- A urine dipstick test positive for nitrite or leukocyte esterase can confirm the diagnosis of uncomplicated cystitis in pts with a high pretest probability of disease.
- The detection of bacteria in a urine culture is the diagnostic gold standard for UTI. A colony count threshold of >102 bacteria/mL is more sensitive (95%) and specific (85%) than a threshold of 105/mL for the diagnosis of acute cystitis in women with symptoms of cystitis.
- Uncomplicated cystitis in women See Table 144-1 for effective therapeutic regimens.
- Trimethoprim-sulfamethoxazole (TMP-SMX) has been recommended as first-line treatment for acute cystitis but should be avoided in regions with resistance rates >20%.
- Nitrofurantoin is another first-line agent with low rates of resistance.
- Fluoroquinolones should be used only when other antibiotics are not suitable because of increasing resistance or their role in prompting nosocomial outbreaks of Clostridium difficile infection.
- Except for pivmecillinam, β-lactam agents are associated with lower rates of pathogen eradication and higher rates of relapse.
- Pyelonephritis Given high rates of TMP-SMX-resistant E. coli, fluoroquinolones (e.g., ciprofloxacin, 500 mg PO bid for 7 days) are first-line agents for the treatment of acute uncomplicated pyelonephritis. Oral TMP-SMX (one double-strength tablet bid for 14 days) is effective against susceptible uropathogens.
- UTI in pregnant women Nitrofurantoin, ampicillin, and the cephalosporins are considered relatively safe in early pregnancy.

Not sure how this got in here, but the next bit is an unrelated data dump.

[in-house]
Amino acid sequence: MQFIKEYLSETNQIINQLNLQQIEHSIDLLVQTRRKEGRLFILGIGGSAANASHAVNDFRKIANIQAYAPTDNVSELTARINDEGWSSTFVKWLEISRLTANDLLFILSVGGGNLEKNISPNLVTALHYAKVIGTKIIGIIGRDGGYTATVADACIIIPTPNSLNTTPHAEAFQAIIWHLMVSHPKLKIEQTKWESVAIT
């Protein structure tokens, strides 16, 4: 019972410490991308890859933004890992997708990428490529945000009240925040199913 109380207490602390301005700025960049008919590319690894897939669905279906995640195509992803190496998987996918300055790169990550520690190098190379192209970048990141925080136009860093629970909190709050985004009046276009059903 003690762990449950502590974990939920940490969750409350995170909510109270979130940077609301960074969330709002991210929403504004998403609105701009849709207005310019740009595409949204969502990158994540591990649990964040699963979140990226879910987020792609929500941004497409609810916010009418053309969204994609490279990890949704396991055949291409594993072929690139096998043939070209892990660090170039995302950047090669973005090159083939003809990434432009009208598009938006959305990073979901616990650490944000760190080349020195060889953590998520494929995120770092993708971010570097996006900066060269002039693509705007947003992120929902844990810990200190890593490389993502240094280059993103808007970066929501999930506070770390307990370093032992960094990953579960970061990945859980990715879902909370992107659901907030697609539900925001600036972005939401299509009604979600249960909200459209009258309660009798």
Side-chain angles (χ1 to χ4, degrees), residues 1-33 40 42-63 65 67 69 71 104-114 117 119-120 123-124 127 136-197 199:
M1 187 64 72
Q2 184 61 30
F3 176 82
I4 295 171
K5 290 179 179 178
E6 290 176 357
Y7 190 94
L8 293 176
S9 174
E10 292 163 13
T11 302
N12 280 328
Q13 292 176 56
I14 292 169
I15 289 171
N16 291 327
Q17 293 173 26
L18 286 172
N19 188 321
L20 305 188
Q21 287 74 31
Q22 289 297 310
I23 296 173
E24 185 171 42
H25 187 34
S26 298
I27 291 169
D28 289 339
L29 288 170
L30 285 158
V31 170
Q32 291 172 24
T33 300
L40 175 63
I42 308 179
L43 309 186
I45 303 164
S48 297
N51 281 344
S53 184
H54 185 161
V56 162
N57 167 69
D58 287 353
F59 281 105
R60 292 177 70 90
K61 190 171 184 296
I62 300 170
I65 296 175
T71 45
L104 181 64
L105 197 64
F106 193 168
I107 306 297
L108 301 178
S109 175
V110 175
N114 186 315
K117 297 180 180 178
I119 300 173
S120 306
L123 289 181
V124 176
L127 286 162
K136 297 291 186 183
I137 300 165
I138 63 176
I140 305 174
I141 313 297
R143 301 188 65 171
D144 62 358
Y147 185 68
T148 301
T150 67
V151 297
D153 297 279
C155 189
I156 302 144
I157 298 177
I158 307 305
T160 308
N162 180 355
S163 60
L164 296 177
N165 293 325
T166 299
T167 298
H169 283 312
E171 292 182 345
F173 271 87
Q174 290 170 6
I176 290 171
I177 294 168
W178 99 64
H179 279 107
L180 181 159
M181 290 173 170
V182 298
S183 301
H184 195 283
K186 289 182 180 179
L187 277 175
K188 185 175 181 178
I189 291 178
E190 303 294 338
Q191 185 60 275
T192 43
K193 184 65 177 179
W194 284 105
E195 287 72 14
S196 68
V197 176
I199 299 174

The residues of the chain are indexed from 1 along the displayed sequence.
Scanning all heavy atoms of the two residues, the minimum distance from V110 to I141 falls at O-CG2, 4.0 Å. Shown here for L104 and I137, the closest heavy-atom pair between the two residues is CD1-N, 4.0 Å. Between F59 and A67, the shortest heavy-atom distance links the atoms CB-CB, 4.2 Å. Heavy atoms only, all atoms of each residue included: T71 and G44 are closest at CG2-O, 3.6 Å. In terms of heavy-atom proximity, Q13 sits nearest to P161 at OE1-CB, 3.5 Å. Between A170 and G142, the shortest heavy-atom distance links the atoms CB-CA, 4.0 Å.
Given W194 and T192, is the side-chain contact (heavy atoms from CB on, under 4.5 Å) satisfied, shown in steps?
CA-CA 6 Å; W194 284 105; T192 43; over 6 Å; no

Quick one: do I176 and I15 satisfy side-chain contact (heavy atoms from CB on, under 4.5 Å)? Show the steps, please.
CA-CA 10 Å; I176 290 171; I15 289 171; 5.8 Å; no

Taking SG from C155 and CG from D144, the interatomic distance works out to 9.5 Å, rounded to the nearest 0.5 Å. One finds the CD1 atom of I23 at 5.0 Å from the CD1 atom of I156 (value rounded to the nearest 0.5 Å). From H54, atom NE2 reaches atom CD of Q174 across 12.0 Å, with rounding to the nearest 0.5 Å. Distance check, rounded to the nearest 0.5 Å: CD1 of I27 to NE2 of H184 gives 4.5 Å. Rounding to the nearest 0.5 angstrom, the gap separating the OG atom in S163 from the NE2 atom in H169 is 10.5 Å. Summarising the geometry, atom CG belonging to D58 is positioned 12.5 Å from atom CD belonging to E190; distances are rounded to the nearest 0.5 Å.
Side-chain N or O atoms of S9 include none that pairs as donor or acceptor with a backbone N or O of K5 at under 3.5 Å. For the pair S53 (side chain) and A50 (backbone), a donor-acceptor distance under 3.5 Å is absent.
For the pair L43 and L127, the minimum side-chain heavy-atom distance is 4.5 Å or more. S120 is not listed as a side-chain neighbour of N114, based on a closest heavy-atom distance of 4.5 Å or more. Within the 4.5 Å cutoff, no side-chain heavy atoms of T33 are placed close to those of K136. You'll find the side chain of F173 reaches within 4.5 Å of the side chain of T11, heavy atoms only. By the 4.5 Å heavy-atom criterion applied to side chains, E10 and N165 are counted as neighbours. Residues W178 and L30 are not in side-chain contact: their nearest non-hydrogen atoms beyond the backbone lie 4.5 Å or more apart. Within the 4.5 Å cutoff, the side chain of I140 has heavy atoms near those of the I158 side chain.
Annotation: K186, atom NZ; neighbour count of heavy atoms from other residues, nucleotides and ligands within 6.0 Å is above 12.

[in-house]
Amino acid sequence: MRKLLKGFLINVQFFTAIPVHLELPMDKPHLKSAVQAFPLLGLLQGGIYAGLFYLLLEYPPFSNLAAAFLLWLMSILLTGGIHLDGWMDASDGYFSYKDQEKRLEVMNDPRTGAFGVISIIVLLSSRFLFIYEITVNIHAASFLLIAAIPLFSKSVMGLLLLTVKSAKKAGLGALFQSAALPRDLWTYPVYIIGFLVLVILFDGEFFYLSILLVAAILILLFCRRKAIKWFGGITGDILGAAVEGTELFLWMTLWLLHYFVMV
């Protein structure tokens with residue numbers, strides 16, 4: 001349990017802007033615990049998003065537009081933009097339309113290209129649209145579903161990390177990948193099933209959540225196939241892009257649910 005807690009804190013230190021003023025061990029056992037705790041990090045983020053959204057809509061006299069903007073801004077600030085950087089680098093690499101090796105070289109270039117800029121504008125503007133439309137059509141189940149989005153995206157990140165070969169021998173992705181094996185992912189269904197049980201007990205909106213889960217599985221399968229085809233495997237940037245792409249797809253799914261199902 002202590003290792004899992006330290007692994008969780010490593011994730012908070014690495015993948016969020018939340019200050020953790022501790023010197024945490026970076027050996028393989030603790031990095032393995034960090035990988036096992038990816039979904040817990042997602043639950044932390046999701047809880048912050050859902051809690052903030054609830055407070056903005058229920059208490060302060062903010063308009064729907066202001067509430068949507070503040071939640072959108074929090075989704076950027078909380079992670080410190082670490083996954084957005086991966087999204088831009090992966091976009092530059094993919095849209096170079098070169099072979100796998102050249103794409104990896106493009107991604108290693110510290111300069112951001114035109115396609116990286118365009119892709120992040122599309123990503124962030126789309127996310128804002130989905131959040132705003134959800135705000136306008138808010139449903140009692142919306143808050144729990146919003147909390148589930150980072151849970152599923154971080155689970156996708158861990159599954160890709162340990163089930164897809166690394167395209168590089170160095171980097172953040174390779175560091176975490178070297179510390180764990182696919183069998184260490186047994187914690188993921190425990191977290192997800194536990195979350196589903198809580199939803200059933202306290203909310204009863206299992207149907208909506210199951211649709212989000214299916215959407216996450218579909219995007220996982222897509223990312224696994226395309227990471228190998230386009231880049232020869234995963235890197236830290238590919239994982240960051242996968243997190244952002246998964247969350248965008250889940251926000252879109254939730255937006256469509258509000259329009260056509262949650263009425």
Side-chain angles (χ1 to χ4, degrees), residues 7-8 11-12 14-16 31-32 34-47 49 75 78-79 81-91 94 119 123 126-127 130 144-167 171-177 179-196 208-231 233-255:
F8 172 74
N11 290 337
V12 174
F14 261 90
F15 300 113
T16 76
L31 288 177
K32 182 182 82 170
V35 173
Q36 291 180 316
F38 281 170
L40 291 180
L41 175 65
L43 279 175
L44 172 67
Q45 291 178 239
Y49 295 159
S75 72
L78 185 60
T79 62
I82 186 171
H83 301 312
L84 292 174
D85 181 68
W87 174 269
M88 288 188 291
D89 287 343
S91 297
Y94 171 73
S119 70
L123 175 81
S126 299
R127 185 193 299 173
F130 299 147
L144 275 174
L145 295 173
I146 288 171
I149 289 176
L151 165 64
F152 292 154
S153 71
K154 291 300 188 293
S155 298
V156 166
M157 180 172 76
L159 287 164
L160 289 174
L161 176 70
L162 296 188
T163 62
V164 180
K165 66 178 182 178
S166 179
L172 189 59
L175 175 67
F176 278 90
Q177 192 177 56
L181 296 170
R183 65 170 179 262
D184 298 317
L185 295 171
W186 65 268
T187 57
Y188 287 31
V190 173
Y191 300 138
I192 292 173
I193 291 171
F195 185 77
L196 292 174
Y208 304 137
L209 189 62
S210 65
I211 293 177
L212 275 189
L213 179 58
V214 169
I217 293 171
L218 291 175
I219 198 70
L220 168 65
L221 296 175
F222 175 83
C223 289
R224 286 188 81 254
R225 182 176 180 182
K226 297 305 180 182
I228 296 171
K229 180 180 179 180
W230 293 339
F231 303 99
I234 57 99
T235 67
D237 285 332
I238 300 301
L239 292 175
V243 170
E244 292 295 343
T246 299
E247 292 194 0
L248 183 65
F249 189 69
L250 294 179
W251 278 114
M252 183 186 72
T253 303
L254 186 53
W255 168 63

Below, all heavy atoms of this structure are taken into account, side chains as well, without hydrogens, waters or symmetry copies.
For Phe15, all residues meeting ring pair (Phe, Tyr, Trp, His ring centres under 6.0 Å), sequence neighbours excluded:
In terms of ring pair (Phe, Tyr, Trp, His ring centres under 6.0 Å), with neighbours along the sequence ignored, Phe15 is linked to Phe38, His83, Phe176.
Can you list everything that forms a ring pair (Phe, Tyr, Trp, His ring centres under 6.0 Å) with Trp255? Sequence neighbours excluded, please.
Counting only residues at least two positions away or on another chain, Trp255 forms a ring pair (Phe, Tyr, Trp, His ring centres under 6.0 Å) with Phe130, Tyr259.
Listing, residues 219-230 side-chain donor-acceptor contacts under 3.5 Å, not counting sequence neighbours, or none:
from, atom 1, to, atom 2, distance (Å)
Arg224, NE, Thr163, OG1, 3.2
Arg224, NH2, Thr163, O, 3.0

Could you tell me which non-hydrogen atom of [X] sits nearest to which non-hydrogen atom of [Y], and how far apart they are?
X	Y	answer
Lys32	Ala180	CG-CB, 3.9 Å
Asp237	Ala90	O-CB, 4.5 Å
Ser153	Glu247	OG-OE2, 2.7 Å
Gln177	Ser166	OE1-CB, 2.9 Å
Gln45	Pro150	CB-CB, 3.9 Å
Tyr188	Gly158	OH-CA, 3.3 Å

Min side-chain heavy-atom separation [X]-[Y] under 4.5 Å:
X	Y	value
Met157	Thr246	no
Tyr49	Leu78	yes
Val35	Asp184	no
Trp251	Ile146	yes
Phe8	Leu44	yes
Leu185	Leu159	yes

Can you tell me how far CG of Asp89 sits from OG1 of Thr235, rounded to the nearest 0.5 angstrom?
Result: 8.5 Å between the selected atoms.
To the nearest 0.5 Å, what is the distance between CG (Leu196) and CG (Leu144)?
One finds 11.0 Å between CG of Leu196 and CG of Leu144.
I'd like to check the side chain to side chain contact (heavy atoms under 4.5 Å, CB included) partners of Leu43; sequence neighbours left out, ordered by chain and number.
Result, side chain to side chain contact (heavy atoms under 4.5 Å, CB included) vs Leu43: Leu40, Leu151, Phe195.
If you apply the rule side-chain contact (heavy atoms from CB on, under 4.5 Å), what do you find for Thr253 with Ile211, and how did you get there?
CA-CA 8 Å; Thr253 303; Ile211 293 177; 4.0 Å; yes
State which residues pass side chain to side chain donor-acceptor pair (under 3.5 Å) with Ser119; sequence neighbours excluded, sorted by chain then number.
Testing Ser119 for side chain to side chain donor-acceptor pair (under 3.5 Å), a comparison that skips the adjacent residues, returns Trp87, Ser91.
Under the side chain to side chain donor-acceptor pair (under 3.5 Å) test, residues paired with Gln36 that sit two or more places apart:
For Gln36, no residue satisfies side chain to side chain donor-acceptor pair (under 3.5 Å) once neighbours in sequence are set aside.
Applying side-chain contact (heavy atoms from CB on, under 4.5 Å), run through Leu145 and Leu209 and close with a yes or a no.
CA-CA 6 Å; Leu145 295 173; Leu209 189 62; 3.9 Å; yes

- UTI in men In men with apparently uncomplicated UTI, a 7- to 14-day course of a fluoroquinolone or TMP-SMX is recommended.
- If acute bacterial prostatitis is suspected, antibiotics should be initiated after urine and blood are obtained for cultures.
- Therapy can be tailored to urine culture results and should be continued for 2–4 weeks; a 4- to 6-week course is often necessary for chronic bacterial prostatitis.
- Asymptomatic bacteriuria ABU should be treated only in pregnant women, in pts undergoing urologic surgery, and perhaps in neutropenic pts and renal transplant recipients. Antibiotic choice is guided by culture results.
- Catheter-associated UTI Urine culture results are essential to guide therapy.
- Replacing the catheter during treatment is generally necessary. Candiduria, a common complication of indwelling catheterization, resolves in ~1/3 of asymptomatic cases with catheter removal.
- Treatment of candiduria (fluconazole, 200–400 mg/d for 14 days) is recommended for pts who have symptomatic cystitis or pyelonephritis and for those who are at high risk for disseminated disease.
|Drug and Dose||Estimated Clinical Efficacy, %||Estimated Bacterial Efficacy,a %||Common Side Effects|
|Nitrofurantoin, 100 mg bid × 5–7 d||84–95||86–92||Nausea, headache|
|TMP-SMX, 1 DS tablet bid × 3 d||90–100||91–100||Rash, urticaria, nausea, vomiting, hematologic abnormalities|
|Fosfomycin, 3-g single-dose sachet||70–91||78–83||Diarrhea, nausea, headache|
|Pivmecillinam, 400 mg bid × 3–7 d||55–82||74–84||Nausea, vomiting, diarrhea|
|Fluoroquinolones, dose varies by agent; 3-d regimen||85–95||81–98||Nausea, vomiting, diarrhea, headache, drowsiness, insomnia|
|β-Lactams, dose varies by agent; 5- to 7-d regimen||79–98||74–98||Diarrhea, nausea, vomiting, rash, urticaria|
Prevention of Recurrent UTI
Women experiencing symptomatic UTIs ≥2 times a year are candidates for prophylaxis—either continuous or postcoital—or pt-initiated therapy. Continuous prophylaxis and postcoital prophylaxis usually entail low doses of TMP-SMX, a fluoroquinolone, or nitrofurantoin. Pt-initiated therapy involves supplying the pt with materials for urine culture and for self-medication with a course of antibiotics at the first symptoms of infection.
In the absence of anatomic abnormalities, recurrent infection in children and adults does not lead to chronic pyelonephritis or to renal failure.
- Urinary Tract Infections and Interstitial Cystitis
- URINARY TRACT INFECTIONS
- INTERSTITIAL CYSTITIS